The United States, White House announced an important milestone a new “Consumer Privacy Bill of Rights” as part of the effort to improve consumers’ online privacy of Americans and individuals around the world.
“Since 2006, Microsoft has endorsed the adoption of comprehensive federal privacy legislation to establish a baseline set of privacy and security requirements. We have created privacy tools, like Tracking Protection in Internet Explorer, to help keep personal information private when browsing sites across the Web; Internet Explorer was the first major browser to respond to the Federal Trade Commission’s call for a do-not-track mechanism,” posted Microsoft.
Additionally, Microsoft has been part of the self-regulatory program that is being recognized today by the Administration and the Federal Trade Commission that was developed by the Digital Advertising Alliance (DAA). In keeping with the DAA goals, and to further advance the privacy interests of consumers, Microsoft will begin work to use the do-not-track browser signal as an additional method for users to opt-out of interest-based advertising under the DAA program.”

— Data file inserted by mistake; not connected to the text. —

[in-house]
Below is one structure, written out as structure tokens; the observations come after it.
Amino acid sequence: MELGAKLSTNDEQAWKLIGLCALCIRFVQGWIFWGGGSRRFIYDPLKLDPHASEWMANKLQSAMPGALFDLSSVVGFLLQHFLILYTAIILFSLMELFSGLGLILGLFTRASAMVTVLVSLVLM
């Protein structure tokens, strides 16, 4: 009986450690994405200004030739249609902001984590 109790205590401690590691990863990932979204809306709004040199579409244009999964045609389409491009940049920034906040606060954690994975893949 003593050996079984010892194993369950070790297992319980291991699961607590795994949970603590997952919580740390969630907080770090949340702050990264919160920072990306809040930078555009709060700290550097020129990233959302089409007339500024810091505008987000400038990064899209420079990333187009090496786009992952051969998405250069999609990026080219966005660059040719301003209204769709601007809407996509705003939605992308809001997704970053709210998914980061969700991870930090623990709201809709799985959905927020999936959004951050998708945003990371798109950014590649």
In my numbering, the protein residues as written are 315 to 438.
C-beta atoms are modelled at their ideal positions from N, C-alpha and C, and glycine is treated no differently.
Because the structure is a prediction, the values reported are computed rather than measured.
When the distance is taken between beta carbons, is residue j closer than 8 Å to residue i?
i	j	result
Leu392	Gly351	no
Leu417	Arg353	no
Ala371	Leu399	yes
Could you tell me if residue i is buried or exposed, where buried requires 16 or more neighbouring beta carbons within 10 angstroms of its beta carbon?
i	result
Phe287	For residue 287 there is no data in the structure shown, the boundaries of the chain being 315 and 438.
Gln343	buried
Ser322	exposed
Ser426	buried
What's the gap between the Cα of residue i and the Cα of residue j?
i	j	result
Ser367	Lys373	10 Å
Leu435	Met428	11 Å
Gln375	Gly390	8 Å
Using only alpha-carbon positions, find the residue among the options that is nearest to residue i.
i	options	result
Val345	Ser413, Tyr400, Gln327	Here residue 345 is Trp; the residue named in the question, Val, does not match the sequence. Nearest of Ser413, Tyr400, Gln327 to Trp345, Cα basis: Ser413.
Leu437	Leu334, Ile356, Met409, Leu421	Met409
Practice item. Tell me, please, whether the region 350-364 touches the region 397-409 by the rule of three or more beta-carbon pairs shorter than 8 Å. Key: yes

Also, Microsoft’s Scott Charney testified at a hearing of the Senate Committee on Homeland Security and Government Affairs last week.
The hearing was about the Cybersecurity Act of 2012, which is Congress’s first comprehensive legislation aimed at improving cybersecurity across the United States.
Scott’s testimony began with a brief discussion of the transformative effect of the Internet, as well as the challenges facing policymakers. He discussed the three key outcomes that U.S. national policy and legislation should promote to improve resiliency in the near-term, and ensure continued innovation and leadership in the long-term.
“These three outcomes are: (1) flexible and agile risk management, narrowly focused on risks of greatest concern and optimized to adapt to rapidly changing threats; (2) innovative information sharing, targeted to address specific challenges and enable advanced risk management, response and recovery capabilities; and (3) meaningful and attainable international norms for the security of cyberspace,” Microsoft informs.
You can read the full testimony here.
Finally, next week at RSA conference in San Francisco, Microsoft’s Scott Charney, Tim Rains, and Adrienne Hall will attending the event.
RSA is a good opportunity for Trustworthy Computing to listen to customers and learn from other industry experts and share what we have going on. You can find us in the pavilion hall and at a number of sessions sprinkled throughout the event.
Here’s a rundown of these sessions: